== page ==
The Texas Sierra Club on Friday disputed the findings of a CITGO-hired botanist who said that toxic gas did not escape into the neighborhoods after the May 12 refinery explosion because vegetation in the area wasn’t damaged.

Neil Carman, the Sierra Club’s clean air program director, said he found lots of brown plants.

After hearing that CITGO’s paid scientist found damaged foliage on only two plants possibly exposed to hydrofluoric acid following the CITGO explosion, Carman, of the Sierra Club’s Lone Star chapter in Austin, said he decided to conduct his own inspection.

Carman, who lists a botany degree among his academic credits, said he can’t understand how CITGO’s hired botanist, Leonard Weinstein of Cornell University in Ithaca, N.Y., missed what he found just blocks from the refinery.

Perhaps the best illustration, he said, is the home of Diana Bales and her husband, Russell, in the 3100 block of Buddy Lawrence Drive, three blocks from CITGO’s fence. “I’ve collected at least a dozen species here that I believe show the effects of hydrofluoric acid,” he said. “The chrome on their cars is pitted from actual droplets of (hydrofluoric acid).”

“The people here got some exposure. It’s 32 days after the explosion and we still see obvious damage by (hydrofluoric acid).”

Bales, an avid gardener, said she inspects her plants daily and notices subtle changes in them. But a casual glance was all it took to see the dead fruit and damaged greenery surrounding her home, she said.

“It’s just about killed my gardenias that were blooming,” she said pointing to a leadless twig in her yard. “It was a beautiful healthy plant. Nearly all of my plants suffered.”

Weinstein said at a Thursday news conference that plants are good indicators of hydrofluoric acid exposure because they are about 1,000 times more sensitive than humans are to the poisonous chemical.

Based on Weinstein’s findings, he tentatively concluded that there was no significant release of the gas beyond CITGO’s boundary.

CITGO’s local vice president, Al Prebula, has said Weinstein’s evidence speaks for itself.

However, Prebula also said CITGO has passed out $500 checks to about 300 refinery row residents in exchange for a legal waiver against future lawsuits.

Many people near CITGO, including the Bales family, still complain of symtpoms they blame on fallout from the explosion and fire.

“My palate was burning and I felt a heaviness in the roof of my mouth,” Bales said about the night of the blast. “Then my throat became inflamed and I felt a little nauseous. We kept listening for the siren, but no siren sounded. Then we got out the radio to see what we should do, but there was too much static to hear what they were saying.”

That’s when the family packed up the car and fled for safety.

“We were in shock,” she said. “I still can’t breath deeply because of the way my throat feels.”

Carman has criticized the way CITGO handled its latest mishap, saying the company and the residents would have been better off if a full-scale evacuation had occurred that night.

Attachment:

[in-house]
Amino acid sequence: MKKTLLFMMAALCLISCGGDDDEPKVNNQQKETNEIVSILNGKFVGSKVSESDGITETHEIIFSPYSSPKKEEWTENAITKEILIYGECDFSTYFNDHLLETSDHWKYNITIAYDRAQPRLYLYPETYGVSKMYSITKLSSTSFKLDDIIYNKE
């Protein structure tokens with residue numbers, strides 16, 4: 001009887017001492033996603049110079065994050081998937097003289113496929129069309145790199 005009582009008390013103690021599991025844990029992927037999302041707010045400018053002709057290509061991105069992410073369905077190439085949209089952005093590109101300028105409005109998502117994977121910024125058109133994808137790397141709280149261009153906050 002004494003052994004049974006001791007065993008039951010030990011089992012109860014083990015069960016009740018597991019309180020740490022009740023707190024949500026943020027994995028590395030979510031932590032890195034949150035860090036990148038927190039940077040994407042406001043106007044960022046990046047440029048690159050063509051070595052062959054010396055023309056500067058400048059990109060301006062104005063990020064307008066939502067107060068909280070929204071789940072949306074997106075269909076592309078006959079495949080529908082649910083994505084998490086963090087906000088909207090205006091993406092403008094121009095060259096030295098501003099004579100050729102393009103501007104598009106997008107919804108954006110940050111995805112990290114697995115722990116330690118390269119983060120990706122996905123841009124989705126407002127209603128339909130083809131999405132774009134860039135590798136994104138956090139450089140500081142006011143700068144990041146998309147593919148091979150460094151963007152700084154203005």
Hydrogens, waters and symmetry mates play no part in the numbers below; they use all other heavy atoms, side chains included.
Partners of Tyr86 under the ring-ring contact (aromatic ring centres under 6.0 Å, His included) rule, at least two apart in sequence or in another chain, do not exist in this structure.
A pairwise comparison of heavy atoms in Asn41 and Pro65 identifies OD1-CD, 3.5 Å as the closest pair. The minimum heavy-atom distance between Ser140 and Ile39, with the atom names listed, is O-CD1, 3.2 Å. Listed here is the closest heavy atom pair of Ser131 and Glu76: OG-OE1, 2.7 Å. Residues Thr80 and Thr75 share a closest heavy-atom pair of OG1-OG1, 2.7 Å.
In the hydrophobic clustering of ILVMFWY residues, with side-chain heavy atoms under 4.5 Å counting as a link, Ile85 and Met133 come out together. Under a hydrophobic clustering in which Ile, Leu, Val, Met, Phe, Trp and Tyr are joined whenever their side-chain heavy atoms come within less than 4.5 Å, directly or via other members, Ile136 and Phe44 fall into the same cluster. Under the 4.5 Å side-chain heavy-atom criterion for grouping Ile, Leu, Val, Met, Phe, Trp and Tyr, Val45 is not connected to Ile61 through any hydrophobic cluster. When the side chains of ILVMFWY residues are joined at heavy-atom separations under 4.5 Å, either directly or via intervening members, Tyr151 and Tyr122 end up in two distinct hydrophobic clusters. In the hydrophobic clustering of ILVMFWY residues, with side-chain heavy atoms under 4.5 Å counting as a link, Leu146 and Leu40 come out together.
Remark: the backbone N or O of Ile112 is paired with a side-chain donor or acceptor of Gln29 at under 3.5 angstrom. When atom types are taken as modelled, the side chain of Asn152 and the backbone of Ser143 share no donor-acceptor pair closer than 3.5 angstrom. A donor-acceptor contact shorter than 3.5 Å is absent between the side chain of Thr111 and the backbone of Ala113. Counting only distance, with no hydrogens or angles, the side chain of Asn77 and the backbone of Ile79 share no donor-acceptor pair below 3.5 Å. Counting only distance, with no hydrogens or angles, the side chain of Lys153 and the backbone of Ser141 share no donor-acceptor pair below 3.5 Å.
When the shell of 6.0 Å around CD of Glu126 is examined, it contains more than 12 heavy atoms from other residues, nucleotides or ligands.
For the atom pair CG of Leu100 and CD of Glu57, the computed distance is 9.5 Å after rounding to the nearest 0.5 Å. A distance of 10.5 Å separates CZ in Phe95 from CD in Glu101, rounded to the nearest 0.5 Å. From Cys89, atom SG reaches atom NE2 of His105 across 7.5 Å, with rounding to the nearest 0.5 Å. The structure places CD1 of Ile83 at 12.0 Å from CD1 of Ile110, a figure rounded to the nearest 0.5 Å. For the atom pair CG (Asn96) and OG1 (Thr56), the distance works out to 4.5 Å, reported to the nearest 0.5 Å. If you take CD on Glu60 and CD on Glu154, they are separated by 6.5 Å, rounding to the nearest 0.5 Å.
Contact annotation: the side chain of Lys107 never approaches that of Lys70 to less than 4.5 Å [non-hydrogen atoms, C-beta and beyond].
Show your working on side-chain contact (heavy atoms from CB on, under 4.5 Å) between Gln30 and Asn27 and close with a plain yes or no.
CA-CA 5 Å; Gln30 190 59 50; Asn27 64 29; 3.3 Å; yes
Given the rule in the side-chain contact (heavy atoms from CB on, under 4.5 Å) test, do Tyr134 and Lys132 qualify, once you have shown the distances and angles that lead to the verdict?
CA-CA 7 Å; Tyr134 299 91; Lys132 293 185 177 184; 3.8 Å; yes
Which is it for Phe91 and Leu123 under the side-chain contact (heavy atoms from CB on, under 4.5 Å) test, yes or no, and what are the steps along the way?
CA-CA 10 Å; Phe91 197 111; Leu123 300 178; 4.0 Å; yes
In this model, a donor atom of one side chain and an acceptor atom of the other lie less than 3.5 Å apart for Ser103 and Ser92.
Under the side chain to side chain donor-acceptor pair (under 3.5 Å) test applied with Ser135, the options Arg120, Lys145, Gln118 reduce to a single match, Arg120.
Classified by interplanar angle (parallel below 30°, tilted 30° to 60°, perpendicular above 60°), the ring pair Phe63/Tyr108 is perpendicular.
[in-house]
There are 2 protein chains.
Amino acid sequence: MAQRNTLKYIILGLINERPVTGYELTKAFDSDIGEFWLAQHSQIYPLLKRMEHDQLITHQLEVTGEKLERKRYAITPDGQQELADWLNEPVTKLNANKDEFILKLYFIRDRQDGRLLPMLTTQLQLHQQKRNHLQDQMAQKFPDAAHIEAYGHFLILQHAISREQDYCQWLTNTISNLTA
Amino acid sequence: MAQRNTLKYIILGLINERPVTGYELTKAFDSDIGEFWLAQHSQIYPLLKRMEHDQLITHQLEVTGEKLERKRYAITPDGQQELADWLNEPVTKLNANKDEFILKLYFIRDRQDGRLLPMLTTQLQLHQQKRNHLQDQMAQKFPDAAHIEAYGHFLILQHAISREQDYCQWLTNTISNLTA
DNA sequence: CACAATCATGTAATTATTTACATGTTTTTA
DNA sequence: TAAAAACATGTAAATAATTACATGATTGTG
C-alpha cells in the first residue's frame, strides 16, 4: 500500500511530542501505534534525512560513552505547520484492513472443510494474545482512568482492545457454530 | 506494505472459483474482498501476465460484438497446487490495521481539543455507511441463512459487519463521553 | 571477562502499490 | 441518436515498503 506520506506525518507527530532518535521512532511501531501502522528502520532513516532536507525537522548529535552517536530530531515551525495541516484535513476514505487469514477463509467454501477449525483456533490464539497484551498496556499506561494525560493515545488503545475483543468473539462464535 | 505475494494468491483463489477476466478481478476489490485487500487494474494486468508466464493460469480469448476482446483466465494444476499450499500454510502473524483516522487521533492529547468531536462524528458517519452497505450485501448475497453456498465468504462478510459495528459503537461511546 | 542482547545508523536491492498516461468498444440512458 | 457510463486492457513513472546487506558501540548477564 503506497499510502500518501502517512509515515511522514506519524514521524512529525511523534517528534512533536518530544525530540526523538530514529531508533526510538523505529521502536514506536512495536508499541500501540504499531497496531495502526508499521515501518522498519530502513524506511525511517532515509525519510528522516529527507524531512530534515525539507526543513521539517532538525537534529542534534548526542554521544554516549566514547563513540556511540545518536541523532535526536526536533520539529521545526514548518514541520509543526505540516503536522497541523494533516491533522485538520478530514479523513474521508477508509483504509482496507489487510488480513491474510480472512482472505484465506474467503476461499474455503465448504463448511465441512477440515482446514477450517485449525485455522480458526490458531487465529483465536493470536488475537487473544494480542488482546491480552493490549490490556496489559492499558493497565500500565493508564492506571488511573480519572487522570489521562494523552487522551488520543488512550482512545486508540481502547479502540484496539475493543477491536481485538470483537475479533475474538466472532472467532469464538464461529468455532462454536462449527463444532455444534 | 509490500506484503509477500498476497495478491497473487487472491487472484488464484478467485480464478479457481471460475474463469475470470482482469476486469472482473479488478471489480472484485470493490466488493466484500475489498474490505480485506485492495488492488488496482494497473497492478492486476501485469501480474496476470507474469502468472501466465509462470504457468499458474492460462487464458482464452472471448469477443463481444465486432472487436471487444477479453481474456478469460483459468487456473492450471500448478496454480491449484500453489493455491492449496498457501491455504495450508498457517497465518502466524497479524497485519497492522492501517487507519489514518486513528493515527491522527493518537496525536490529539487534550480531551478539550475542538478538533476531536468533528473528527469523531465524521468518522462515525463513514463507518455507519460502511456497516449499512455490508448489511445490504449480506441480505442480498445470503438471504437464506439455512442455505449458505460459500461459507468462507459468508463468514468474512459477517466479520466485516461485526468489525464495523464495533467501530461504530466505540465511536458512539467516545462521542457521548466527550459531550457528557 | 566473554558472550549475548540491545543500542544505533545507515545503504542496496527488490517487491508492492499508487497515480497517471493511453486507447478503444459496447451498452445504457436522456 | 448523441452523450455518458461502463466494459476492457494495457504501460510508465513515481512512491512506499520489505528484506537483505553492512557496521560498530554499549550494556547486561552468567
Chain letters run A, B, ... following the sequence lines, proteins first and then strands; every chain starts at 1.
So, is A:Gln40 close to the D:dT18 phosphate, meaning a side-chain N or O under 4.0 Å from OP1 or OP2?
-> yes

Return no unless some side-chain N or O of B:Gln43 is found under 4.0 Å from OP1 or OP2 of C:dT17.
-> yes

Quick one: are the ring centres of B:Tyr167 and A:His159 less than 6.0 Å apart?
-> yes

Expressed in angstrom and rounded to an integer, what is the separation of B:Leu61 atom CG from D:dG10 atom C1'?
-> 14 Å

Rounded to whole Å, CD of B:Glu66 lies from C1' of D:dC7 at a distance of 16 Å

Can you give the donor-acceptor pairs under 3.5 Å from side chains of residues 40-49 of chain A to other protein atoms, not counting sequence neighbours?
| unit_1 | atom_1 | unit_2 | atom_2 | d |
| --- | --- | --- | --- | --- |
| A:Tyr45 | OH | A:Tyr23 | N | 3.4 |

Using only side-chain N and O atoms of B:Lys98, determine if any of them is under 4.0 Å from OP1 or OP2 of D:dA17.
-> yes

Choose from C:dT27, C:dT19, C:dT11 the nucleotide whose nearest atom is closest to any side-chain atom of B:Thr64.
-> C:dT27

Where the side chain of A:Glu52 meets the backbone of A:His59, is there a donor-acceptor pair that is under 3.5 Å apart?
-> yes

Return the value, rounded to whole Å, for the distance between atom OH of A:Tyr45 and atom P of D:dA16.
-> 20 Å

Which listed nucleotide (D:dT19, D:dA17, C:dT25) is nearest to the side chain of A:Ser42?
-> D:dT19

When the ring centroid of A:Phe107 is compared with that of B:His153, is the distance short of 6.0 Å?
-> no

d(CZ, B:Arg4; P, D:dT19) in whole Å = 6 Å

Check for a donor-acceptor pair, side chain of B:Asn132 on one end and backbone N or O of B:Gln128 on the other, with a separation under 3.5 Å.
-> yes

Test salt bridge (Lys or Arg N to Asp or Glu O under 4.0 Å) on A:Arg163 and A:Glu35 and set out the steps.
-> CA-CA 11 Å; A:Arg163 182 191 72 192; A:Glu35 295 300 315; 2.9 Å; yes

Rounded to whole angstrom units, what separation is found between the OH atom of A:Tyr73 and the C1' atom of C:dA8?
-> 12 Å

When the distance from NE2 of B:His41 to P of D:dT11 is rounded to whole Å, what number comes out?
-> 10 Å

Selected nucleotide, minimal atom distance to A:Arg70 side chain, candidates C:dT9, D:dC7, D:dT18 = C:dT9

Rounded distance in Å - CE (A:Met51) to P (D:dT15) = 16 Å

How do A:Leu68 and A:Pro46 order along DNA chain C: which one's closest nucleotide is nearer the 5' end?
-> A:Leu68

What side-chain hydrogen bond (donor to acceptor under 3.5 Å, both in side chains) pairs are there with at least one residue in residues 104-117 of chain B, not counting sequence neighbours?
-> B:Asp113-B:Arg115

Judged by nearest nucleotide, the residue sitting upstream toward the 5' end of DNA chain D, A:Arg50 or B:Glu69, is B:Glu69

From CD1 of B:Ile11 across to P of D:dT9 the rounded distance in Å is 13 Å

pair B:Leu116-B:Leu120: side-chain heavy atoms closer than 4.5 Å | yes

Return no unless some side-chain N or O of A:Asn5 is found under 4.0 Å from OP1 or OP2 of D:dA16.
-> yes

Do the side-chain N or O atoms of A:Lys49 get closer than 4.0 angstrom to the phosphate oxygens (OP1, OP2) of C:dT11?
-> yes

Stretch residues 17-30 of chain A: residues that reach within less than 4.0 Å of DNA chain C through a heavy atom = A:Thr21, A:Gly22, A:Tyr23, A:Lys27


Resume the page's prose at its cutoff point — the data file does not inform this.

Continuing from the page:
“They could have eliminated a great deal of the exposure if the people had been told to leave,” he said. “I think it’s much worse than what they’re saying.”

A message on a local emergency AM radio station instructed refinery row residents to stay inside, close their windows andmd doors and turn their air conditioners off, but CITGO officials said reception was poor. Adding to the confusion that night, the plant’s siren malfunctioned.

Meanwhile, Carman, a former Texas Air Control Board official, listened to residents’ complaints Friday and collected dozens of spotted and brown-edged leaves for testing by an independent pathologist.

“It might be too late to measure the exposure, but I think Dr. Weinstein ought to come back so he can see what I’ve found,” Carman said.

But all this testing is really a waste of time, he added. The way to avoid health risks in refinery row is to relocate its residents, he said.

“When you have this many people living this close to refineries that use hydrofluoric acid, it’s just a disaster waiting to happen,” Carman said.

Photo: Neil Carman, clean air director of the Sierra Club’s Lone Star chapter in Austin, says he has found plants he believes show the effects of hydrofluoric acid near the CITGO refinery.

Air Violations Cited at Corpus Refineries by State

Charges of environmental racism in a formal Title VI complaint to the EPA Office of Civil Rights in 1994-95 and EPA’s acceptance to investigate the charges in 1996 pressured the Texas Natural Resource Conservation Commission to step up its mobile air monitoring efforts at seven Corpus Christi refineries. In May, the TNRCC issued violations to four refineries for excessive levels of hydrogen sulfide gas, benzene and MTBE as a result of Febuary 1997 sampling.

CITGO East /Koch Refining emitted too much H2S with the highest level ever measured in Texas neighborhoods at 2 ppm averaged over 30 minutes and benzene was found at 37.5 ppb averaged over 18.5 hours. Elevated MTBE was detected at 400 ppb averaged over 4.5 hours. Valero Refining and CITGO West were also cited for H2S violations.

The companies are protesting the violations partly due to upset conditions which they claim should ge them off the hook for exceeding state standards and safe levels.


See June 26, 1997, letter from Sierra Club’s Neil Carman to Jane Saginaw, US EPA VI Regional Administrator